• The self-employment option isn’t available in France which is a big difference.

        Note a “taxing problem” is a phrase for a complicated issue. The French government policy is to make hiring employees less expensive while balancing competing matters like raising the revenue to fund social schemes, not easy I suspect. The point is that this isn’t just a figure for sports teams but front page news for everyone else.

      • I can’t see how a rider can be selfemployed in Germany either?
        Not knowing the contracts of course, but I can’t see that the criteria for selfemployment are met (for example:own financial risk, own decision when the work is done, no integration into the business structure of the/a client…), so I think a rider’s job would be evaluated as employed by a team regarding social insurance in Germany.
        Apart from that: agree with you on the “As if..”

        • I don’t know how self-employment goes elsewhere, but I’m presently more or less self-employed in Spain and no criterium is required besides the client’s will of contracting you as such instead of employing you. For sure, I’m not meeting (by far) any of those criteria. Nevertheless, here I am, paying my own taxes *and* social charges.

        • I doubt it is that hard. I don’t exactly know, but I think it is just a matter of paper work to set up your own “business” and work as a contractor. Which would be the positive option. In a world with a “flexible worker market” they could even be rented by the teams. Which is basically what all the temp agencies do right now. They lend their workers to other companies. Which imho is really sick and undermines the whole systems.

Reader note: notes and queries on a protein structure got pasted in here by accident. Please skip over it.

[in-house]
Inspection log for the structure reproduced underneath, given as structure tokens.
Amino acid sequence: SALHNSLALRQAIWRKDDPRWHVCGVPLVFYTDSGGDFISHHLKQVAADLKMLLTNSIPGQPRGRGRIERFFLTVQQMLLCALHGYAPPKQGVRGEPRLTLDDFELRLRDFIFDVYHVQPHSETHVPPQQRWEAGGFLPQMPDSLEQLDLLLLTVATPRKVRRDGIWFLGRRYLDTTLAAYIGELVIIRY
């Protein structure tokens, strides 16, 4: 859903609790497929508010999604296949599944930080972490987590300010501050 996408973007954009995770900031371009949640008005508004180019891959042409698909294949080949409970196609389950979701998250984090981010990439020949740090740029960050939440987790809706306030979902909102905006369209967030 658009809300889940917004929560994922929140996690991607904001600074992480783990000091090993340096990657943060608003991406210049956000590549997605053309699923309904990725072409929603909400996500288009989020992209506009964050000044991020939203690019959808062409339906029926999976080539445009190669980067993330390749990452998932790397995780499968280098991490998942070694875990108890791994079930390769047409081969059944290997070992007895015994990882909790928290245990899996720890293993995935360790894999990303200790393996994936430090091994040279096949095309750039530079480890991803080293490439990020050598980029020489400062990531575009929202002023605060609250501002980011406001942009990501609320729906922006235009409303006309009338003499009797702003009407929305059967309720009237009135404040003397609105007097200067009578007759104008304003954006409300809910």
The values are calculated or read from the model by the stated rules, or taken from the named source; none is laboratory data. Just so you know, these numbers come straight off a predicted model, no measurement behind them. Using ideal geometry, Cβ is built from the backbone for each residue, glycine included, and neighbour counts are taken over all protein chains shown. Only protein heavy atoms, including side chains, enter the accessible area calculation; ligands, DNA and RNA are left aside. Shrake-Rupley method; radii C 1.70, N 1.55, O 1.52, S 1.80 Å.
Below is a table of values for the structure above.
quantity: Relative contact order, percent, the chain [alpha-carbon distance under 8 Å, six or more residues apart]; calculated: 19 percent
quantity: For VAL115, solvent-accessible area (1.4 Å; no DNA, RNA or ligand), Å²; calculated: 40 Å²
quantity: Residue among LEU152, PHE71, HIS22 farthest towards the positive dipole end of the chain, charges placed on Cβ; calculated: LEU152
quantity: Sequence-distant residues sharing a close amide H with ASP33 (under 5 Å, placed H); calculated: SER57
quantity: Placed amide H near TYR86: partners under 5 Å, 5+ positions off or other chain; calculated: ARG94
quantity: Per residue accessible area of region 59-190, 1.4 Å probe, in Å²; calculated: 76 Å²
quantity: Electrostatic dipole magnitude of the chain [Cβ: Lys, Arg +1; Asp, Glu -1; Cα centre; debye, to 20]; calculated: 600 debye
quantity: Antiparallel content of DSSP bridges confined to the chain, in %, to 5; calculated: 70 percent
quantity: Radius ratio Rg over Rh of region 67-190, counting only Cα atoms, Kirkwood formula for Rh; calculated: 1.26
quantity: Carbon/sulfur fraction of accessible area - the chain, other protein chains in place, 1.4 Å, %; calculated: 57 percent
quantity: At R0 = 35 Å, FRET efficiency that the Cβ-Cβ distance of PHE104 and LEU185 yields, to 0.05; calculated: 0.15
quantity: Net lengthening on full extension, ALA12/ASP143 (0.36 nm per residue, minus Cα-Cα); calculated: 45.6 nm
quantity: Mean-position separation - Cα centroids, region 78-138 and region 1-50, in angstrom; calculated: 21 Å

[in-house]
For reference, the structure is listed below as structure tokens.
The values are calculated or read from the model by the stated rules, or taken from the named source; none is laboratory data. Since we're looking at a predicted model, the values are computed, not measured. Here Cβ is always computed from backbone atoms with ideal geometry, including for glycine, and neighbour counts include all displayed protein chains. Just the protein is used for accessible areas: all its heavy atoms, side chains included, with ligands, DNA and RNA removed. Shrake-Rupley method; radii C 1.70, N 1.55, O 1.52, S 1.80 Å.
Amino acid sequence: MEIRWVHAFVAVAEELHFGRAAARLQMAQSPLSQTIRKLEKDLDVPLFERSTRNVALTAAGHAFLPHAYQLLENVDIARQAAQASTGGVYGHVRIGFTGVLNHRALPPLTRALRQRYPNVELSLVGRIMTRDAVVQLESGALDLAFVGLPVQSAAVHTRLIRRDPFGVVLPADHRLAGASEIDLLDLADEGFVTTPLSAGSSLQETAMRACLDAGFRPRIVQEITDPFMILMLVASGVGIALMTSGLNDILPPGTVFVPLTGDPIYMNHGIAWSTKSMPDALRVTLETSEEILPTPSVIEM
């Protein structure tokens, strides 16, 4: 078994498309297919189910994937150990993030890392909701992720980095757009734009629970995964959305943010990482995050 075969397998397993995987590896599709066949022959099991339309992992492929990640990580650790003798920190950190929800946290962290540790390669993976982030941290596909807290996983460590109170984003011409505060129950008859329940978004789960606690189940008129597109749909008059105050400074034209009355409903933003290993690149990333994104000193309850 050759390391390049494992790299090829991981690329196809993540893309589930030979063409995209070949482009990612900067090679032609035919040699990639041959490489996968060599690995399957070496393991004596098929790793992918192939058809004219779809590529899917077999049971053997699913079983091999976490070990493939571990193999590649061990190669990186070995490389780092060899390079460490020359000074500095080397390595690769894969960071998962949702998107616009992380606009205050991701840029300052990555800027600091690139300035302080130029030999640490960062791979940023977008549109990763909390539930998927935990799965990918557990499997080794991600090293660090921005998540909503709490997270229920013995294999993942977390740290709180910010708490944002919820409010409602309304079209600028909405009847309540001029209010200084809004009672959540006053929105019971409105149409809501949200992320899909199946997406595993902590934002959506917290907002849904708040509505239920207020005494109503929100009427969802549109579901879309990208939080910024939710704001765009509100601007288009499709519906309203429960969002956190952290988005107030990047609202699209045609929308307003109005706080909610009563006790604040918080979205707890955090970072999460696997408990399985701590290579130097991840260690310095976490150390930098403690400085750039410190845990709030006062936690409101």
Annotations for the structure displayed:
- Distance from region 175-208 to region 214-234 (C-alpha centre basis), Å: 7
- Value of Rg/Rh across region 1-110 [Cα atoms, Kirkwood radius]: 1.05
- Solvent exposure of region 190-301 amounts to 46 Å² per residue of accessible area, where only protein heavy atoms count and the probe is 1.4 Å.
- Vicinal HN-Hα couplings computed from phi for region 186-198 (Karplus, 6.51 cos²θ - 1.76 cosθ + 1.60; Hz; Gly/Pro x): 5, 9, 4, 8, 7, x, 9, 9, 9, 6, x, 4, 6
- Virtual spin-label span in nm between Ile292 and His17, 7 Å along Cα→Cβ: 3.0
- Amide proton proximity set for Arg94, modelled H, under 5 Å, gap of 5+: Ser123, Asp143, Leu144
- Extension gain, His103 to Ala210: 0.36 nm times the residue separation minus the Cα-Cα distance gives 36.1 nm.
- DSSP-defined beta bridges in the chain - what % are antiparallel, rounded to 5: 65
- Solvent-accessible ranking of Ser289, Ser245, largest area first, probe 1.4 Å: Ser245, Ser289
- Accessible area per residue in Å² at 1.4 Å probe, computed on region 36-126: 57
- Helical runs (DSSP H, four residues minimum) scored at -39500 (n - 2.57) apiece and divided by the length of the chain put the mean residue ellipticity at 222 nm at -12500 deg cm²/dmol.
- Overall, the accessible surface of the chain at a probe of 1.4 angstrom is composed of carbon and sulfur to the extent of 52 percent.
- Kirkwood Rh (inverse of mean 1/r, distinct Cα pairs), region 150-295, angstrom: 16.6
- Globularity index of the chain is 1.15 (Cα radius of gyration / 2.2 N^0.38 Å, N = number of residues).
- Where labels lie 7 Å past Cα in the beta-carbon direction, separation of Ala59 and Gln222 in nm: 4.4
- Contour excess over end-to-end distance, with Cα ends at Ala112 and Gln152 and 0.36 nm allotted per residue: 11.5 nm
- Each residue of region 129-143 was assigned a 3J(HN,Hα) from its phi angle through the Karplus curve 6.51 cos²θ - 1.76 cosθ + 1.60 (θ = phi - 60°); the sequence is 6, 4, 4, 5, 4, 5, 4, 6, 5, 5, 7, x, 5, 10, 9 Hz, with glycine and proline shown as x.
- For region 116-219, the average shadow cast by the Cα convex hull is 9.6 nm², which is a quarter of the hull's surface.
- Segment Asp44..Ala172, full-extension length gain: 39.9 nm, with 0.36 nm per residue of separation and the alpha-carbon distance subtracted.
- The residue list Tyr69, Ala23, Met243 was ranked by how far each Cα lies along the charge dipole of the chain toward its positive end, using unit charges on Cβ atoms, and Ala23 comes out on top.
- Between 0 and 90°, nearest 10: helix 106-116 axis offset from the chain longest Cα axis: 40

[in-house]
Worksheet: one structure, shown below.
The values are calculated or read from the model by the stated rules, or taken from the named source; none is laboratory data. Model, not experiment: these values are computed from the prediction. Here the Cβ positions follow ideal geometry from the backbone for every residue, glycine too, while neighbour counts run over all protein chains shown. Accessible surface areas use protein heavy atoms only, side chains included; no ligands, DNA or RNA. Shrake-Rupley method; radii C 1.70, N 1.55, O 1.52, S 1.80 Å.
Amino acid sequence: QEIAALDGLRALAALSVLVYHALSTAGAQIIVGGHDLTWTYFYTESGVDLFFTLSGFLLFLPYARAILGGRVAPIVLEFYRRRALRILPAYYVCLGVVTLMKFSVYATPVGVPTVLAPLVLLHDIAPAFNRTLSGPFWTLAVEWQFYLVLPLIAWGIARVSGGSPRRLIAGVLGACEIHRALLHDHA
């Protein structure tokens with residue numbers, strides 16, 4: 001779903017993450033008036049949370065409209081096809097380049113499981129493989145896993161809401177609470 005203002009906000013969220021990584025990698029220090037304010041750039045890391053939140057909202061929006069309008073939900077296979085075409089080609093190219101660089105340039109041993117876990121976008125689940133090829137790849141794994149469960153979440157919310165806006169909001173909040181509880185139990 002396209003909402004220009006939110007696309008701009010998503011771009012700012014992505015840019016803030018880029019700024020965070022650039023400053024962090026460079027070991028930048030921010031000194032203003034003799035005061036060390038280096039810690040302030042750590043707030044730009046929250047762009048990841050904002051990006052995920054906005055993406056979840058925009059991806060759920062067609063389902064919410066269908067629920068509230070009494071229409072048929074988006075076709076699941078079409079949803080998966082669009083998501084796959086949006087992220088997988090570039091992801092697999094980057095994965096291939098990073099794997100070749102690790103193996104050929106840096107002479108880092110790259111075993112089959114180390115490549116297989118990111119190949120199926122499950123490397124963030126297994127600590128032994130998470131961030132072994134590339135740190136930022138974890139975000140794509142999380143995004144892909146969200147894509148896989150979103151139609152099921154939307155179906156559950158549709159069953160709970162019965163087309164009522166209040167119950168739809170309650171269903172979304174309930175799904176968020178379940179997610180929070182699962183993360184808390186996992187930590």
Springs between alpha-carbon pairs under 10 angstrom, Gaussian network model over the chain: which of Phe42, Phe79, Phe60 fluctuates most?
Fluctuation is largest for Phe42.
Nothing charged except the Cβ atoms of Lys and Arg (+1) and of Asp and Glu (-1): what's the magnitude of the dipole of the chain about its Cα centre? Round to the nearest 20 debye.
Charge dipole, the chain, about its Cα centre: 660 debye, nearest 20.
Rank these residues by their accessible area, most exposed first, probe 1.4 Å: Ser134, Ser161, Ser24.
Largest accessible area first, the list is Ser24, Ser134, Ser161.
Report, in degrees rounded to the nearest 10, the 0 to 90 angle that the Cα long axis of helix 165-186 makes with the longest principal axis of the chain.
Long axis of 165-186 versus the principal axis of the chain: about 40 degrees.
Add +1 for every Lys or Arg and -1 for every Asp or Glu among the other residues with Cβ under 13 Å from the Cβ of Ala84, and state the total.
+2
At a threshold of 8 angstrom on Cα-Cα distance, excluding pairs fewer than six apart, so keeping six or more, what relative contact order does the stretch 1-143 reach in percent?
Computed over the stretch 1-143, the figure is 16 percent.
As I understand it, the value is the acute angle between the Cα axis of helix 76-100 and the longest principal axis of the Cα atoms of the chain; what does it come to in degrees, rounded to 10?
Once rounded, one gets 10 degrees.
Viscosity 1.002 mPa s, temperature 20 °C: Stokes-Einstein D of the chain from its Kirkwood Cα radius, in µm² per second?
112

6. In terms of their performance, AG2R and Sky got almost exactly the same amount of bang per buck in 2013:

    AG2R’s €11.9m got them 691 WT points in 2013, which is 58.1 pts/€1m.
    Sky’s 1561 points for €26.7m is 58.5 pts/€1m.

  7. Always something of interest on your blog. Bike racing, culture, history, wine,food, international doping law, politics, and money! You must not sleep…

    Does seem to point to the fact that Sky benefits from the UK public paying for some of it’s cycling development , while the French at least tax the teams who benefit from those similar programs as you point out. “The tax rate might be high but French teams can delight in having the world’s biggest bike race, a huge network of roads and a giant pyramid of teams, clubs and more to do 95% of their talent detection for them”

    Sky should thank their host country England for the help!

    • Sky put a shedload into BC, into the track and road programmes, and into the development with the Academy.

      But I’m sure you’re aware of that.

      Same deal as with OGE and Cycling Australia. Gerry Ryan underwrites the sport in Australia, including the track and road programs and the Aussie development set-up. But there’s also money from the Govt – AIS/Australian Sports Commission.

      So you could say OGE reaps benefits from the Australian taxpayer

      Its a model that other countries eg France, Italy, are desperate to follow – there’s just no big sponsor stepping forward in their cases.